• ocaml-multicore/ocaml-multicore#307
    Put the phase change event in the actual phase change code. The PR includes the major_gc/phase_change event in the appropriate context.

  • ocaml-multicore/ocaml-multicore#309
    Don’t take all the full pools in one go.

    The code change selects one of the global_full_pools to try sweeping it later, instead of adopting all of the full ones.

  • ocaml-multicore/ocaml-multicore#310
    Statistics for the current domain are more recent than other domains

    The statistics (minor_words, promoted_words, major_words, minor_collections) for the current domain are more recent, and are used in the right context.

  • ocaml-multicore/ocaml-multicore#315
    Writes in caml_blit_fields should always use caml_modify_field to record young_to_young pointers

    The PR enforces that caml_modify_field() is always used to store young_to_young pointers.

  • ocaml-multicore/ocaml-multicore#316
    Fix bug with Weak.blit.

    The ephemerons are allocated as marked, but, the keys or data can be unmarked. The blit operations copy weak references from one ephemeron to another without marking them. The patch marks the keys that are blitted in order to keep the unreachable keys alive for another major cycle.

  • ocaml-multicore/ocaml-multicore#317
    Return early for 0 length blit

    The PR forces a CAMLreturn() call if the blit length is zero in byterun/weak.c.

  • ocaml-multicore/ocaml-multicore#320
    Move num_domains_running decrement

    The caml_domain_alone() invocation needs to be used in the shared heap teardown, and hence the num_domains_running decrement is moved as the last operation for at least the shared_heap lockfree fast paths.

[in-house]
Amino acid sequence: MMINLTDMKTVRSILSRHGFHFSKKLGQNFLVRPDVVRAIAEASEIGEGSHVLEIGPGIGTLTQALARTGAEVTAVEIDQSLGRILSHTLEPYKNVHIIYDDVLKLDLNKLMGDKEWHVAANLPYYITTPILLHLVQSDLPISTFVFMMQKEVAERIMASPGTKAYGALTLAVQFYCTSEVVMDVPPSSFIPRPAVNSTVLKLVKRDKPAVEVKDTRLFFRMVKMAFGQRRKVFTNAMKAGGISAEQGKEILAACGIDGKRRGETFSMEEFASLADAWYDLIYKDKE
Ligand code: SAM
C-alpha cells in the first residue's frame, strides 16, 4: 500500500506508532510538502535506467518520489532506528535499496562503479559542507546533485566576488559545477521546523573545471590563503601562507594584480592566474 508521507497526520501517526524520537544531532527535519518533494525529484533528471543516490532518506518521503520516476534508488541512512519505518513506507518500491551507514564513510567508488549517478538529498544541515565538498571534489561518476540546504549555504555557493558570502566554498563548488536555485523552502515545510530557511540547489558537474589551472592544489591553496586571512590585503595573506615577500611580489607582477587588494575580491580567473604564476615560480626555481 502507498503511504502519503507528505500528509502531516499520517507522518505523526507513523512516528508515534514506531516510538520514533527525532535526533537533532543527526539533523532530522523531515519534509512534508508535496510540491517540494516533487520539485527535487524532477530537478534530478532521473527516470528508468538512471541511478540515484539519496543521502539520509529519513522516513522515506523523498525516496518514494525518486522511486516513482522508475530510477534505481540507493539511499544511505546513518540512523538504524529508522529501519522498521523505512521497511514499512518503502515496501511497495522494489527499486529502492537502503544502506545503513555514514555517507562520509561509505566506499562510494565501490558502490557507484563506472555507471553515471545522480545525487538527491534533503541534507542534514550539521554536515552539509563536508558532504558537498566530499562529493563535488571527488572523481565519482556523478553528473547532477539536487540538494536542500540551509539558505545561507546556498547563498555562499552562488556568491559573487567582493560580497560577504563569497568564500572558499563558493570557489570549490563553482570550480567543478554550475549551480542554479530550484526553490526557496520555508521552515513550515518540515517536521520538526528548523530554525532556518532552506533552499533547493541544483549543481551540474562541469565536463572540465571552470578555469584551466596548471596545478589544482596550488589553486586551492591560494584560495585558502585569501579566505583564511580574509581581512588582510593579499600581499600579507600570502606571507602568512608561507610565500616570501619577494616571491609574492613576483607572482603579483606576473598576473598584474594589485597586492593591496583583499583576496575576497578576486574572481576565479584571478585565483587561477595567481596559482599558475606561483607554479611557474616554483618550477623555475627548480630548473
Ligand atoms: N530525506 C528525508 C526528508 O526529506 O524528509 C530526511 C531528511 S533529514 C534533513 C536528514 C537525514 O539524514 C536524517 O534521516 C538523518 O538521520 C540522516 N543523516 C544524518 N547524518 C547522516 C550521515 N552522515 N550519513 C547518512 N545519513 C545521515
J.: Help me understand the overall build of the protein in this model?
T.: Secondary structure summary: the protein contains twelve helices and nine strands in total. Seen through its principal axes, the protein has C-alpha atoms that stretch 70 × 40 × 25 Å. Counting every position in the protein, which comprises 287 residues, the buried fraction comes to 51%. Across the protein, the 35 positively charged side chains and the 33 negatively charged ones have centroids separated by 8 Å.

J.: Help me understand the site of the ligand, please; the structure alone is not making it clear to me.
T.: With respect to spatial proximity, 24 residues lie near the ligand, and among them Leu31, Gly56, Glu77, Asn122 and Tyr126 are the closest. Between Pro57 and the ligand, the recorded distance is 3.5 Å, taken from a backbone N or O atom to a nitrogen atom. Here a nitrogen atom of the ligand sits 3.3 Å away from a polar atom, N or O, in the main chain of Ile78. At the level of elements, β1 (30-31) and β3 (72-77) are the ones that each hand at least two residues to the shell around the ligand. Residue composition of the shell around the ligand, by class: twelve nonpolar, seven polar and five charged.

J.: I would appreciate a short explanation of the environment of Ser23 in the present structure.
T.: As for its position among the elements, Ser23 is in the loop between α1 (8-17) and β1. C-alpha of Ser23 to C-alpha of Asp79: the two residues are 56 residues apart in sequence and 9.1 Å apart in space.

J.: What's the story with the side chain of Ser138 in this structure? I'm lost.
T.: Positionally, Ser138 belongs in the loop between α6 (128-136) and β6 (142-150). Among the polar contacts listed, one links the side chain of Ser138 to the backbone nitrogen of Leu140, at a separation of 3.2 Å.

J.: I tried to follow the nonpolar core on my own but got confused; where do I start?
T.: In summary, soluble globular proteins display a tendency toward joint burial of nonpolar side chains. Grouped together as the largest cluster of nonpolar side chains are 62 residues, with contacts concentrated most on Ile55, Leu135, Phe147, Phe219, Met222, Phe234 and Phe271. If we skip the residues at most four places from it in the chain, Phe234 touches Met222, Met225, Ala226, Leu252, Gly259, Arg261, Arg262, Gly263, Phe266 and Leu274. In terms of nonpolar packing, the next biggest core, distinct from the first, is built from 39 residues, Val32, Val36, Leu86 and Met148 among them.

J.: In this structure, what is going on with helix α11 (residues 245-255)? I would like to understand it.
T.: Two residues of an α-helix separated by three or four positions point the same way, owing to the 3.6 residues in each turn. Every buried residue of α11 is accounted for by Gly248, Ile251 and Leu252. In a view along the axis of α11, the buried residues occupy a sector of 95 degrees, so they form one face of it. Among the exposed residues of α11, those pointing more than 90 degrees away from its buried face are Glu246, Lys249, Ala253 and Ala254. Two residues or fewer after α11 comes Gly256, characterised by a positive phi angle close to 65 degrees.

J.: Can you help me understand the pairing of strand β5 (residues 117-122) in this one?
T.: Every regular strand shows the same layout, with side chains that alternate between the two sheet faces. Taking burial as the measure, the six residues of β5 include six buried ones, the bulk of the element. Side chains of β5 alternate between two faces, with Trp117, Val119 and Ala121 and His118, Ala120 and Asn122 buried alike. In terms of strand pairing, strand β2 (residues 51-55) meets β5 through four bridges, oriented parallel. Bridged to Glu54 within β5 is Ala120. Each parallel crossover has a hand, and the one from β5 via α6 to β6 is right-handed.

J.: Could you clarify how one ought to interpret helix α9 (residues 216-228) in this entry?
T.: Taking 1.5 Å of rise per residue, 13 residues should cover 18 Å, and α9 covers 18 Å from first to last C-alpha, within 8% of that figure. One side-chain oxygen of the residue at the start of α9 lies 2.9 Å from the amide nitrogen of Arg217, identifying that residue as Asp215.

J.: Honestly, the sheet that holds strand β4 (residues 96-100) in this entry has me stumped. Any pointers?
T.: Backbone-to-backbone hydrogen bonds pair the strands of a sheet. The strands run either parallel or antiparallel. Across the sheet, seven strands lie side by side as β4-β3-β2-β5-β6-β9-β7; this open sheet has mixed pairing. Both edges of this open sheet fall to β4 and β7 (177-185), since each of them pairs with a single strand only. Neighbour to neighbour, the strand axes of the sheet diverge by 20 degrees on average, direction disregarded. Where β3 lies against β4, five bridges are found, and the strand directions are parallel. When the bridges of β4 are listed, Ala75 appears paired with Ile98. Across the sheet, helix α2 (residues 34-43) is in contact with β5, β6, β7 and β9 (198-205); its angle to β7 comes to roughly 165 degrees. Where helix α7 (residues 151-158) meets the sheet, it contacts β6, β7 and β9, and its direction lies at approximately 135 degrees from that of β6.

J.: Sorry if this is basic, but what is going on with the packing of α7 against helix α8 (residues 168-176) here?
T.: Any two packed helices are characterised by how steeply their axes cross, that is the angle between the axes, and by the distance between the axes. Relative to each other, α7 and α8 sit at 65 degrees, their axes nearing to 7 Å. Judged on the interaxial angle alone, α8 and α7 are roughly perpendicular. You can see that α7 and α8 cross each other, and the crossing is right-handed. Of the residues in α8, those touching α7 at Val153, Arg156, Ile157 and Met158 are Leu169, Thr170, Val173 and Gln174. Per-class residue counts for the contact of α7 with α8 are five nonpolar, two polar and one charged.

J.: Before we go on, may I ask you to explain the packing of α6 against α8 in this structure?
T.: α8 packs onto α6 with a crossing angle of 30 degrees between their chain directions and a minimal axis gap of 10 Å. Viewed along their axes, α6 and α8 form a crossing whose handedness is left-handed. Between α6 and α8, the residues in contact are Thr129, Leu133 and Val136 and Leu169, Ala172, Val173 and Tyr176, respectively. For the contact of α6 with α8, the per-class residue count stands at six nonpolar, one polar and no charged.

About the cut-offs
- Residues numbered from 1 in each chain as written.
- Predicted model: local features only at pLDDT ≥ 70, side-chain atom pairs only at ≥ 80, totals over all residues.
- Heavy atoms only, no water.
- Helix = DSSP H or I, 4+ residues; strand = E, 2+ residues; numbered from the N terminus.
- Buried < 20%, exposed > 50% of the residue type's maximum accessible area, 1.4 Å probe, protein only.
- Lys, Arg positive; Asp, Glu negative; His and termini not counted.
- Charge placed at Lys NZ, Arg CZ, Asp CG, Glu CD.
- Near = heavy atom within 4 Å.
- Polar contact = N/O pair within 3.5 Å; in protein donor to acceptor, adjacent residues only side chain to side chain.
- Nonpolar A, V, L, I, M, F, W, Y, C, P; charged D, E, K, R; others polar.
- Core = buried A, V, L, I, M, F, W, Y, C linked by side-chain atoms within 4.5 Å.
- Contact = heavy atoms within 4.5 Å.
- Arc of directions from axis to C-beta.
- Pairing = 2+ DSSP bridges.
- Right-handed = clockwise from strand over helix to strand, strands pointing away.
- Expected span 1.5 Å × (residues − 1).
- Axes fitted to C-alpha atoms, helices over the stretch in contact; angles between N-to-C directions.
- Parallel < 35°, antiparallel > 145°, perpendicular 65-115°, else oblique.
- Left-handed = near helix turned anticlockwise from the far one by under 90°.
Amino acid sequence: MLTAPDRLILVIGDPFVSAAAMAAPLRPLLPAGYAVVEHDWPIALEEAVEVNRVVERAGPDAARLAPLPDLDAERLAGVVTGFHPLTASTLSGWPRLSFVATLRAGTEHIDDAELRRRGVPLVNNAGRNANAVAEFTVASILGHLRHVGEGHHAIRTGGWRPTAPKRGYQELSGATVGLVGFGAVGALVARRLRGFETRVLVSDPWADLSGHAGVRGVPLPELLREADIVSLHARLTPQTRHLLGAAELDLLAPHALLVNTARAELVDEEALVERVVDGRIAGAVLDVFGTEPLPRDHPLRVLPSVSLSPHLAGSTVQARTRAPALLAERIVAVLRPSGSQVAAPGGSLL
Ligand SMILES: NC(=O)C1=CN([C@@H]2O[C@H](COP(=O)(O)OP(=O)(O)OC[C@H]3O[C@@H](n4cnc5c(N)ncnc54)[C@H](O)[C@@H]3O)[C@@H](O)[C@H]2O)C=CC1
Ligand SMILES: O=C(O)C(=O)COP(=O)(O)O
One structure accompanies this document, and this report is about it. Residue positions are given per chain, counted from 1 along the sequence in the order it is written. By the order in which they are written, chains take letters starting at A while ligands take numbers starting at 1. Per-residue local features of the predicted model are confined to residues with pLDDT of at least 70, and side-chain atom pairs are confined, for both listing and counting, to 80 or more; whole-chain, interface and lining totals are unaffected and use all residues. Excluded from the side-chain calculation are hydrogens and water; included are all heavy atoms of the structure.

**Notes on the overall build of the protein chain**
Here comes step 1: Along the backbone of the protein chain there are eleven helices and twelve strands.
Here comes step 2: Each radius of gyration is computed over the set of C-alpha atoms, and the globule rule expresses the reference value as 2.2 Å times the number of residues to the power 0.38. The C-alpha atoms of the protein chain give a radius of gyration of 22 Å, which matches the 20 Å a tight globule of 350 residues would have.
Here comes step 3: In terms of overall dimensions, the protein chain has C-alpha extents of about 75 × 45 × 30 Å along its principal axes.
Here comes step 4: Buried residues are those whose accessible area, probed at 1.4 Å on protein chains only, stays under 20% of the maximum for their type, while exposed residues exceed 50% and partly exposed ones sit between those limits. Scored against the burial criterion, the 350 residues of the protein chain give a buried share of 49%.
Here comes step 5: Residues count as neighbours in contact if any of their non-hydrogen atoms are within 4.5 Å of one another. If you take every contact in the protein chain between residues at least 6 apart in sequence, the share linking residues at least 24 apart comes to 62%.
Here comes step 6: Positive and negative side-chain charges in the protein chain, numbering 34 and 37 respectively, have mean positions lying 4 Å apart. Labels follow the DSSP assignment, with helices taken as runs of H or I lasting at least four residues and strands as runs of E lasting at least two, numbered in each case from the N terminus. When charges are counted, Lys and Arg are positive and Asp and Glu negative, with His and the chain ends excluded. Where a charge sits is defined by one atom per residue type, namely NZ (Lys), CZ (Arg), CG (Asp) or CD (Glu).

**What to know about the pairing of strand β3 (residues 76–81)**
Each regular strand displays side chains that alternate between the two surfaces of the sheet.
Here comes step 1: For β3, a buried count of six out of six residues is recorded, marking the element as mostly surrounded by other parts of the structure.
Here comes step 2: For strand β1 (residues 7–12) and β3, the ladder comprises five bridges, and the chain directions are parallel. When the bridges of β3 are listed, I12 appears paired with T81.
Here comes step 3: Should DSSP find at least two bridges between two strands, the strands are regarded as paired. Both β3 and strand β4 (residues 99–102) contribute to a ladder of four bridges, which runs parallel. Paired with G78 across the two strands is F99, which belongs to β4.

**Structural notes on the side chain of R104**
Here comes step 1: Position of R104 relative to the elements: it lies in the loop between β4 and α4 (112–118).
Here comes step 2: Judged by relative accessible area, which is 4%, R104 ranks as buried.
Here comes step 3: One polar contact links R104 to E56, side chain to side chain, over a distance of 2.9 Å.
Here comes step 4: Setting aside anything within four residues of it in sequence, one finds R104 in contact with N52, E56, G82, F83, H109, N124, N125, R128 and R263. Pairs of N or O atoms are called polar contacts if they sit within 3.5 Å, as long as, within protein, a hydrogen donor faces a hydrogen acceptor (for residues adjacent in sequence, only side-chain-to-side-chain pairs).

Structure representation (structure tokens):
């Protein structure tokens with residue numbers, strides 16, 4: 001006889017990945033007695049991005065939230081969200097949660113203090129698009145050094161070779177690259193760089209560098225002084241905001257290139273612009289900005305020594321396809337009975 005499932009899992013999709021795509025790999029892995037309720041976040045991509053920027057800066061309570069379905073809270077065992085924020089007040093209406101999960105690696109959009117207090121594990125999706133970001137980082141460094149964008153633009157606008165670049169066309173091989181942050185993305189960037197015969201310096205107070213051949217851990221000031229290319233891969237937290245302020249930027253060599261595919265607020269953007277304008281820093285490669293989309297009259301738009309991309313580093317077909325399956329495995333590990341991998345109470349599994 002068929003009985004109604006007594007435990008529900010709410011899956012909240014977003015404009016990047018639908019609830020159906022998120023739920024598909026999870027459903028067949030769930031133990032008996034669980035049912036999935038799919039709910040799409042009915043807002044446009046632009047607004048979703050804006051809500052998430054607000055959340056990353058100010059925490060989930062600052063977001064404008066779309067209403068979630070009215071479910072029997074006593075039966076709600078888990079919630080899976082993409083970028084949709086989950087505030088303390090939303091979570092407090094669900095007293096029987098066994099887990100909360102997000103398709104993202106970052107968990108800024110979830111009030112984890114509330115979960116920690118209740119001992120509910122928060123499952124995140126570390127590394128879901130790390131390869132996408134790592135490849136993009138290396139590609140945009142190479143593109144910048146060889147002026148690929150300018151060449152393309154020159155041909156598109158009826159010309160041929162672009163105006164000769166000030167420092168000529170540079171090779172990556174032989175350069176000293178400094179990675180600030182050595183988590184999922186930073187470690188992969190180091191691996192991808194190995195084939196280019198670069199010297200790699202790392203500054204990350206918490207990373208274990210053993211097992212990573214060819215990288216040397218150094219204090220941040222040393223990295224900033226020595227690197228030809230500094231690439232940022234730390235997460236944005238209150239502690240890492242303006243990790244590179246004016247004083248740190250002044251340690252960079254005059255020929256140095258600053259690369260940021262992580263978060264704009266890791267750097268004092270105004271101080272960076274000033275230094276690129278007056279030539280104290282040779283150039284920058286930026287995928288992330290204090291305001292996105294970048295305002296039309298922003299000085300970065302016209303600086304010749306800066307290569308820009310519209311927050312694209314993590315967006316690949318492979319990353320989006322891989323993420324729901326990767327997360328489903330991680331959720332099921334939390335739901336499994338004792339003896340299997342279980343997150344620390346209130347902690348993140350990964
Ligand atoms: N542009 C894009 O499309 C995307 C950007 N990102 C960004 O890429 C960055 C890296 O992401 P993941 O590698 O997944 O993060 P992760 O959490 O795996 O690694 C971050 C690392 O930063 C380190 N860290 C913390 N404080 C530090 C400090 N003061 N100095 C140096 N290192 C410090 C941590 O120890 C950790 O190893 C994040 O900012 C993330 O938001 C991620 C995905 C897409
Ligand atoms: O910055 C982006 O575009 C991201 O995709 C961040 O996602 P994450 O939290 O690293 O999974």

Benchmarking

The Sandmark performance benchmarking test suite has had newer benchmarks added, and work is underway to enhance its functionality.

  • ocaml-bench/sandmark#88
    Add PingPong Multicore benchmark

    The PingPong benchmark that uses producer and consumer queues has now been included into Sandmark.

  • ocaml-bench/sandmark#98
    Add the read/write Irmin benchmark

    A basic read/write file performance benchmark for Irmin has been added to Sandmark. You can vary the following input parameters: number of branches, number of keys, percentage of reads and writes, number of iterations, and the number of write operations.

  • ocaml-bench/sandmark#100
    Add Gram Matrix benchmark

    A request
    ocaml-bench/sandmark#99 to include the Gram Matrix initialization numerical benchmark was created. This is useful for machine learning applications and is now available in the Sandmark performance benchmark suite. The speedup (sequential_time/multi_threaded_time) versus number of cores for Multicore (Concurrent Minor Collector), Parmap and Parany is quite significant and illustrated in the graph: